Who doesn't want respect? Trapattoni as a manager and as a man is certainly entitled to it but in dealing with a player 50 years younger than him and in bemoaning the attitude of the young he was fighting a pointless fight.

There are many who will have sympathy with his point of view, especially the senior players in the squad as Robbie Keane has explained. Yet Trapattoni, who is supposedly a pragmatist, also demonstrated that he has got an ideologue's worldview.

When it comes to national teams, you are preaching to the choir when you tell a country's supporters that a player hasn't shown enough respect to the country, its manager or the jersey, whatever that means. It is an intangible thing, viewed by some footballers as something akin to loyalty, just another stick to beat them over the head with when it suits.

Trapattoni is an honourable man but he made mistakes last week. Not just the mistakes of administration. Technically he was right to say that he hadn't heard from James McCarthy when he met the press on Monday but the FAI had heard from Wigan on Sunday by text.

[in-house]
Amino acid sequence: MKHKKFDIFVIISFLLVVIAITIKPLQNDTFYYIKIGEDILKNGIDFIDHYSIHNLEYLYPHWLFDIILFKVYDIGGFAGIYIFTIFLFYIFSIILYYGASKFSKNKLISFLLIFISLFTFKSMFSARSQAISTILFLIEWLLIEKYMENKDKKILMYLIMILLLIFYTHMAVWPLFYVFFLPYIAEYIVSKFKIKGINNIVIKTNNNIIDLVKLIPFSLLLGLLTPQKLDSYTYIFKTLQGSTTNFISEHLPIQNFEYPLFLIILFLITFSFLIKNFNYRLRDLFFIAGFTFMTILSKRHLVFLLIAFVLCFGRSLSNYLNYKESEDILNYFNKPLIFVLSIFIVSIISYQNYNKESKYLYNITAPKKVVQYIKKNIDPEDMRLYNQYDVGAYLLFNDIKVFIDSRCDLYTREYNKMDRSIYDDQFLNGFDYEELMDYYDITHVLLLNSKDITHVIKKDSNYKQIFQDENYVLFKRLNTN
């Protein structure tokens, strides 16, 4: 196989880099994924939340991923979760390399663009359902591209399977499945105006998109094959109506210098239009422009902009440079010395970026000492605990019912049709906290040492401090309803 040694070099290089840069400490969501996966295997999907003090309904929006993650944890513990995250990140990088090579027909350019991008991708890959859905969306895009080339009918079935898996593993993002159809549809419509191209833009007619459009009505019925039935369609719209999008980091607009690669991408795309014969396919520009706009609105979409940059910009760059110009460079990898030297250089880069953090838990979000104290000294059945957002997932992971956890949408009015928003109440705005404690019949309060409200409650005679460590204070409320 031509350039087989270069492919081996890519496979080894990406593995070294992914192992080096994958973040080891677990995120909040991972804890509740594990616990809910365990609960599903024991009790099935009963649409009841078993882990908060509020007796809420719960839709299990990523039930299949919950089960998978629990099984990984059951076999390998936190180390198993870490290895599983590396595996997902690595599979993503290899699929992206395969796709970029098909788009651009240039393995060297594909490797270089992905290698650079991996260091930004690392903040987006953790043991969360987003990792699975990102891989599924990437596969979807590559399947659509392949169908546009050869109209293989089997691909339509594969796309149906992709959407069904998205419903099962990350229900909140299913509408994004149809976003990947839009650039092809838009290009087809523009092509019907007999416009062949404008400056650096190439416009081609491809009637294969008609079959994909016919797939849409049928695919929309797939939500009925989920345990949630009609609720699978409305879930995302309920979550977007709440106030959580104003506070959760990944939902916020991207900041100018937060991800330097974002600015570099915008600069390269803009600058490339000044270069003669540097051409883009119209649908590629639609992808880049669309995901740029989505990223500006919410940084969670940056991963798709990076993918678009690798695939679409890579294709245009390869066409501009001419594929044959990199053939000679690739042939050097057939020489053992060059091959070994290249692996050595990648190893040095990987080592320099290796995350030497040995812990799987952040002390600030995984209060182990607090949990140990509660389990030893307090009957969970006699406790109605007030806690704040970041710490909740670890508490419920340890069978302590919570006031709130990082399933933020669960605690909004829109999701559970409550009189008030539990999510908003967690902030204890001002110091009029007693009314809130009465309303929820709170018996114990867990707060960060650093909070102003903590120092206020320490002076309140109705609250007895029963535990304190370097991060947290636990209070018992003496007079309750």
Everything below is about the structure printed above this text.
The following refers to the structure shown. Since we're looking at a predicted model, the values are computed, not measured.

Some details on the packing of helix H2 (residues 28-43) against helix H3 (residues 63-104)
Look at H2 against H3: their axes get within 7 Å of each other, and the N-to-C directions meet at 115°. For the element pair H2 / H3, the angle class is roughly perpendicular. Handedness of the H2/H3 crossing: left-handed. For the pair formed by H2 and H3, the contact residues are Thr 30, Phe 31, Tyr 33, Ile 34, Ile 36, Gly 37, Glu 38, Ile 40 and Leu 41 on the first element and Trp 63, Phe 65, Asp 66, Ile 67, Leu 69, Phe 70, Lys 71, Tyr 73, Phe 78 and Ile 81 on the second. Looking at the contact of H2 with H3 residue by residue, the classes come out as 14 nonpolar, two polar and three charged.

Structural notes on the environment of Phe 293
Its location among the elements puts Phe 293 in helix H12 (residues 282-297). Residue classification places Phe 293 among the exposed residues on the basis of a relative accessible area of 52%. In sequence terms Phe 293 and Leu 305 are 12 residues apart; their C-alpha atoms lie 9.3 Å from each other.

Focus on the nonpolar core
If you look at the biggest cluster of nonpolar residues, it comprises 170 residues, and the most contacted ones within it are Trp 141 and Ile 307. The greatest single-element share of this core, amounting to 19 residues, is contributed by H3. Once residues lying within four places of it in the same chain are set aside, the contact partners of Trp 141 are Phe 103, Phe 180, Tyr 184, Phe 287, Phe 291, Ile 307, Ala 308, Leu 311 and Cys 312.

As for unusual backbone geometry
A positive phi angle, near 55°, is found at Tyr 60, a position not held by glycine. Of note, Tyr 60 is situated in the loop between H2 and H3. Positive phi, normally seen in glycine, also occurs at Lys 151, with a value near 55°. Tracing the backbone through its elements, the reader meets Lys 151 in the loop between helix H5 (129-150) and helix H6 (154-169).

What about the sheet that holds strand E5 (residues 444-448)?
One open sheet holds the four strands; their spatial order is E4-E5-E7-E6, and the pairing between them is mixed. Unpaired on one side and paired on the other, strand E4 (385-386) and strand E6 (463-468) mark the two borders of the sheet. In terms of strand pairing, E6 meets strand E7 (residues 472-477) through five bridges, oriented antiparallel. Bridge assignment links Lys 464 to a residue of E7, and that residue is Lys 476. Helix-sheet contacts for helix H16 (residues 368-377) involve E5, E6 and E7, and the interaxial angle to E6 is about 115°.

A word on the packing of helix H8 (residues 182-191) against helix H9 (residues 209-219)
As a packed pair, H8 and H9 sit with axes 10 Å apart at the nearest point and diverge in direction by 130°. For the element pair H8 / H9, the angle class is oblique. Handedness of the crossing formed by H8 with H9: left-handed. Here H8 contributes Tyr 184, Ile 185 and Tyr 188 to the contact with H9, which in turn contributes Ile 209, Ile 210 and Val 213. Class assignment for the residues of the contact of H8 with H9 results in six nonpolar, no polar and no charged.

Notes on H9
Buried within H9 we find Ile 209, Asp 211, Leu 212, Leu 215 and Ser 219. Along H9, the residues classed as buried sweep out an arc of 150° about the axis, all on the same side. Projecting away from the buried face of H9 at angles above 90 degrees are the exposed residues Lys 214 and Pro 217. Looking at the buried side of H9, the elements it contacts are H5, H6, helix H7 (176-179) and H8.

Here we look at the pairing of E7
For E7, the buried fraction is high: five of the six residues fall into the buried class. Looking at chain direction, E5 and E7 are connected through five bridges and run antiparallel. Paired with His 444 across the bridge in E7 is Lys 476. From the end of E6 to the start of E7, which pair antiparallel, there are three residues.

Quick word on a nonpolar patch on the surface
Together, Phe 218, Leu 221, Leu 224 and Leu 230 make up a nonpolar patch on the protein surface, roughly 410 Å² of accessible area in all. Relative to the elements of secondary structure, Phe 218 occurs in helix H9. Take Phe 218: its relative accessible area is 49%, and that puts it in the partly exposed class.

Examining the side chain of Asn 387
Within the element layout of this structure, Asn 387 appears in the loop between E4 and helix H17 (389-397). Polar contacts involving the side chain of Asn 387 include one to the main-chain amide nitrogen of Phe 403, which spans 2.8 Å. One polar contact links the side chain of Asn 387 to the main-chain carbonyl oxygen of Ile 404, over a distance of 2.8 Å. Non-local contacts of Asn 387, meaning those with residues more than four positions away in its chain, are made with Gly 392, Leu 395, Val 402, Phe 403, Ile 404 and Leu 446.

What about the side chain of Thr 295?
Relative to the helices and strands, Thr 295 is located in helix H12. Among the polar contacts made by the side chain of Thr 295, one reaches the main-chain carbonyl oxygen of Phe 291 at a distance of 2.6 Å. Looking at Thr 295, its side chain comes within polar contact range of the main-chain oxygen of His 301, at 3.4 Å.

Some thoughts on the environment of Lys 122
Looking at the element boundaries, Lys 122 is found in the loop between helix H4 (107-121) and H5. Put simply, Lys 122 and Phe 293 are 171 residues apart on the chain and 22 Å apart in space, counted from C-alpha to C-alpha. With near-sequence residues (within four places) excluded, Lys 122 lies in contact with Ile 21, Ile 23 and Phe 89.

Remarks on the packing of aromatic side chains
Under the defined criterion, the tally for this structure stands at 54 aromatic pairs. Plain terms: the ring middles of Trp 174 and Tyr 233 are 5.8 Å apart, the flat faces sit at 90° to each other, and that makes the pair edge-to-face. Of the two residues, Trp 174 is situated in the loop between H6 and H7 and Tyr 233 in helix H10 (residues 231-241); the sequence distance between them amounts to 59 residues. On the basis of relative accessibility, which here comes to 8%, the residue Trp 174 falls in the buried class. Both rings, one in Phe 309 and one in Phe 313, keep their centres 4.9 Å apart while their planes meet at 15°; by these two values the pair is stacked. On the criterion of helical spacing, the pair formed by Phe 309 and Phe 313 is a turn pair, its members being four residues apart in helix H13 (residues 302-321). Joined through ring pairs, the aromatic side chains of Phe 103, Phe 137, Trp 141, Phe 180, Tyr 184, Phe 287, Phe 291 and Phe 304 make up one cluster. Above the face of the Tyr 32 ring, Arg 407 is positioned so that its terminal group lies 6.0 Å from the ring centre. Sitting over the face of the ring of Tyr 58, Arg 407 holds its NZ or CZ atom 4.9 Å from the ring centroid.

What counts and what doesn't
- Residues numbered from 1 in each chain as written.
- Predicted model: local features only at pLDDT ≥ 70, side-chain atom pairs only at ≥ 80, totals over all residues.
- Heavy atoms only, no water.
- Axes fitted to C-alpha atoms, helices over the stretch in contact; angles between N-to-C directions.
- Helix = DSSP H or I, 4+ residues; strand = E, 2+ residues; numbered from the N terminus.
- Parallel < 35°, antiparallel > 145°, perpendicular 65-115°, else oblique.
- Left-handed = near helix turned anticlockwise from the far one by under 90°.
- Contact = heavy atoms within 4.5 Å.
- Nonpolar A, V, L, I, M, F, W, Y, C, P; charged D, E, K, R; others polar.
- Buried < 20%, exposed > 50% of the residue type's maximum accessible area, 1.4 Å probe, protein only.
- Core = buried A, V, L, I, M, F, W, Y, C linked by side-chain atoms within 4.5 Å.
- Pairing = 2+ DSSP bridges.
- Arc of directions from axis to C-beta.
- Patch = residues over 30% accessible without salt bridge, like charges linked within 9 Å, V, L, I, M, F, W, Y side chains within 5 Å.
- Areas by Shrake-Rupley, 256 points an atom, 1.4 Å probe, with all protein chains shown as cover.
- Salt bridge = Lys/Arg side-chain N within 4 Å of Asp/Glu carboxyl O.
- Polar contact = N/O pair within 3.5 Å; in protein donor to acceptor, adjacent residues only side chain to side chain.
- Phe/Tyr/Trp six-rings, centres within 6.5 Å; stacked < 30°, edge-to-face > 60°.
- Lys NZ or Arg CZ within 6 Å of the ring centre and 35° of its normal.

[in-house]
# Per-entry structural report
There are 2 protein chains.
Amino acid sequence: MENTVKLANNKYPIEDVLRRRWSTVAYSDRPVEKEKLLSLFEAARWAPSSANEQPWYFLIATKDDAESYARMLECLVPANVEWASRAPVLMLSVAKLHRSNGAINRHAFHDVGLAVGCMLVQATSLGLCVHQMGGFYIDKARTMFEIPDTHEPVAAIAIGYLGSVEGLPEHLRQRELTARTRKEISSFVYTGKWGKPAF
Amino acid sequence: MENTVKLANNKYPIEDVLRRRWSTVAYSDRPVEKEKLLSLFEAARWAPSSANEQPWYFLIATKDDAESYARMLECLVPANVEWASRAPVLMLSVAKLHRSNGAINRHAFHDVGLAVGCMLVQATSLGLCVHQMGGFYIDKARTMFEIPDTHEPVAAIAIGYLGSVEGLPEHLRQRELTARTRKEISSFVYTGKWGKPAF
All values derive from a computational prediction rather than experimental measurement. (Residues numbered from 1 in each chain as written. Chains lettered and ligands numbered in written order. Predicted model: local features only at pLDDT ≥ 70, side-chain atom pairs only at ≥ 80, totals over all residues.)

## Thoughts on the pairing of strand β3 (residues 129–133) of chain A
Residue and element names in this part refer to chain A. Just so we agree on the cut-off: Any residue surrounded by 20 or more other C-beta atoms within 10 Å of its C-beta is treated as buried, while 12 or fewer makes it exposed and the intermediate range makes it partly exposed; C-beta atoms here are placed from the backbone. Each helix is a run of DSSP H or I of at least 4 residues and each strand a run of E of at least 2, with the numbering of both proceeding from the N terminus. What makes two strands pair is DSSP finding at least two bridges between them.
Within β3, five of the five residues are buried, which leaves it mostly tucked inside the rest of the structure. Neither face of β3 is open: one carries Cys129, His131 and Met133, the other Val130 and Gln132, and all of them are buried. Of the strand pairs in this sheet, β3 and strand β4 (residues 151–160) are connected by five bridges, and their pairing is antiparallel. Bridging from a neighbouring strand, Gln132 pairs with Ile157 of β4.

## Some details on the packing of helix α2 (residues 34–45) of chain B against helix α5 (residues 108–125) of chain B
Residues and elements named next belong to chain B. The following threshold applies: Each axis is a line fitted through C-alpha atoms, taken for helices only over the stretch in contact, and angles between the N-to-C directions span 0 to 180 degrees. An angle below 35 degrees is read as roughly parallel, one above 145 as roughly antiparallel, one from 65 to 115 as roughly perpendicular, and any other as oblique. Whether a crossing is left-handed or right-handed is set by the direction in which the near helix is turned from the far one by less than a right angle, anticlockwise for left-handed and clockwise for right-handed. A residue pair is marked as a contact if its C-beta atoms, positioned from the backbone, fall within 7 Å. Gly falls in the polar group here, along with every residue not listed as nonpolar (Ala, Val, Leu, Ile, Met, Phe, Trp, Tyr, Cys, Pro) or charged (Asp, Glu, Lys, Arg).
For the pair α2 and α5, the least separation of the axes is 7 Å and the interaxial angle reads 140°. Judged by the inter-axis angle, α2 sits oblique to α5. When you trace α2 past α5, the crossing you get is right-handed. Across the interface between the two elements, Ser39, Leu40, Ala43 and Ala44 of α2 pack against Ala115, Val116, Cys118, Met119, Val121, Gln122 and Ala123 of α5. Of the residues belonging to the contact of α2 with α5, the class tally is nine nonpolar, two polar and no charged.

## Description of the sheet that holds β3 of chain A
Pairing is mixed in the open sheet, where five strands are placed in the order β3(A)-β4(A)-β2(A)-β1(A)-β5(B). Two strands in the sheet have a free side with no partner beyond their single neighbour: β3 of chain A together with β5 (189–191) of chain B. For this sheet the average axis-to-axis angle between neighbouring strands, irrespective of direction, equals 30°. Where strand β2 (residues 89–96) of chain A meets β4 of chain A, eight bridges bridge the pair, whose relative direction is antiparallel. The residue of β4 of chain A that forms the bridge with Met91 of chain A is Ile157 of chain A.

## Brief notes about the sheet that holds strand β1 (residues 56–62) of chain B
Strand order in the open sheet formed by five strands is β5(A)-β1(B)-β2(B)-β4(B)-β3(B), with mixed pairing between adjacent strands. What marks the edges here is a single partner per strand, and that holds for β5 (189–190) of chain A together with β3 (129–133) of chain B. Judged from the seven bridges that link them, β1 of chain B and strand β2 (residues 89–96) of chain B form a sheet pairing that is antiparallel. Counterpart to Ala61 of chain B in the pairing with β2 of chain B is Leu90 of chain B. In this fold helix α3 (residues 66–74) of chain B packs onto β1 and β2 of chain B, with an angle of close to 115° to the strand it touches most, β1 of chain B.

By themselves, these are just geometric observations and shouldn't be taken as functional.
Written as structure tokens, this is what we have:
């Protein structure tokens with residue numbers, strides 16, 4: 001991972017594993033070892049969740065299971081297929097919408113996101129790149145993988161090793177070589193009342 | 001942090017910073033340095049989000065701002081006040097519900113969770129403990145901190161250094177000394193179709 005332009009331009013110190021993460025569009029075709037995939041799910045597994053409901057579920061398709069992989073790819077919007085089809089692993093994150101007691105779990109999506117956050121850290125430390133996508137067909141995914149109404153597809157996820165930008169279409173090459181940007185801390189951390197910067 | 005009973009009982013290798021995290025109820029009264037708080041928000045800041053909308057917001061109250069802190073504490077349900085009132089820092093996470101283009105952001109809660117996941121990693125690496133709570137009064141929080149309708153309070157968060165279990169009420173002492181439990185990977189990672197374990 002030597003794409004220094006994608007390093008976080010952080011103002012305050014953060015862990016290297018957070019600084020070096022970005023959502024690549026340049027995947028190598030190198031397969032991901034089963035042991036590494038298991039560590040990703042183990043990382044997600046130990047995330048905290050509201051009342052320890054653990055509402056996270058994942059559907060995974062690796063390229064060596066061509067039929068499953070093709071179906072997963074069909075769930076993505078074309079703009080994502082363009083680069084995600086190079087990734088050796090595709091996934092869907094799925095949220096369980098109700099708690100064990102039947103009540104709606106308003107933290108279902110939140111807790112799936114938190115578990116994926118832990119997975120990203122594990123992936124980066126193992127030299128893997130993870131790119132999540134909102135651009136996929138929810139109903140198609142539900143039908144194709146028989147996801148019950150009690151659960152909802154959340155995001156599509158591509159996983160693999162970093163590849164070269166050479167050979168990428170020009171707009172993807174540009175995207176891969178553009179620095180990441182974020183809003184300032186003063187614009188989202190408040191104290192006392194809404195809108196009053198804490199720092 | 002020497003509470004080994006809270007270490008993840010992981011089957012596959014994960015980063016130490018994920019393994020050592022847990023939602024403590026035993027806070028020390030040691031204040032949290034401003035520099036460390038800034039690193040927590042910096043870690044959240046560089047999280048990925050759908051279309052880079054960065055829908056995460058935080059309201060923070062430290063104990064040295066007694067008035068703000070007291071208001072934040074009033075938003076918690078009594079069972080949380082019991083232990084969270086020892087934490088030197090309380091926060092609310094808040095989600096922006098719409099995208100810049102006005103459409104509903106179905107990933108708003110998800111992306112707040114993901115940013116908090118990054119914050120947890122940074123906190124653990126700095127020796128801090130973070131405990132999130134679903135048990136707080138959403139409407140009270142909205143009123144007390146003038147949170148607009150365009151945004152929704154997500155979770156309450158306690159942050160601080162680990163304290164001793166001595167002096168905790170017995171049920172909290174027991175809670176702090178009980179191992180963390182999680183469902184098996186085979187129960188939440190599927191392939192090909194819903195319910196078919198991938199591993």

Anybody involved in football learns to swallow hard when dealing with the casual rudeness of some footballers. It is a generalisation but footballers schooled in Britain tend to have a greater distrust of -- and as a result a worse attitude towards -- the outside world than the European players Trapattoni has worked with for most of his career. There are exceptions within the Irish squad but some of them have matured over the years. When they were young and irresponsible some of them were young and irresponsible.

The FAI probably expect more courtesy when dealing with a player but they will not have been shocked or considered it an act of unique impertinence when McCarthy didn't respond to contact made in the build-up to the games last week.

Trapattoni clearly has a view of the player that can't be altered, a view that McCarthy has done little to change. Trapattoni's position has been supported by senior players with Keane's comments that the squad held a meeting about the issue illustrating that they feel that this is a serious matter.

After the fuss in February, Trapattoni had to be persuaded by the FAI that McCarthy was not another Stephen Ireland. He has shown a willingness to play for Ireland at all levels so clearly there are other issues.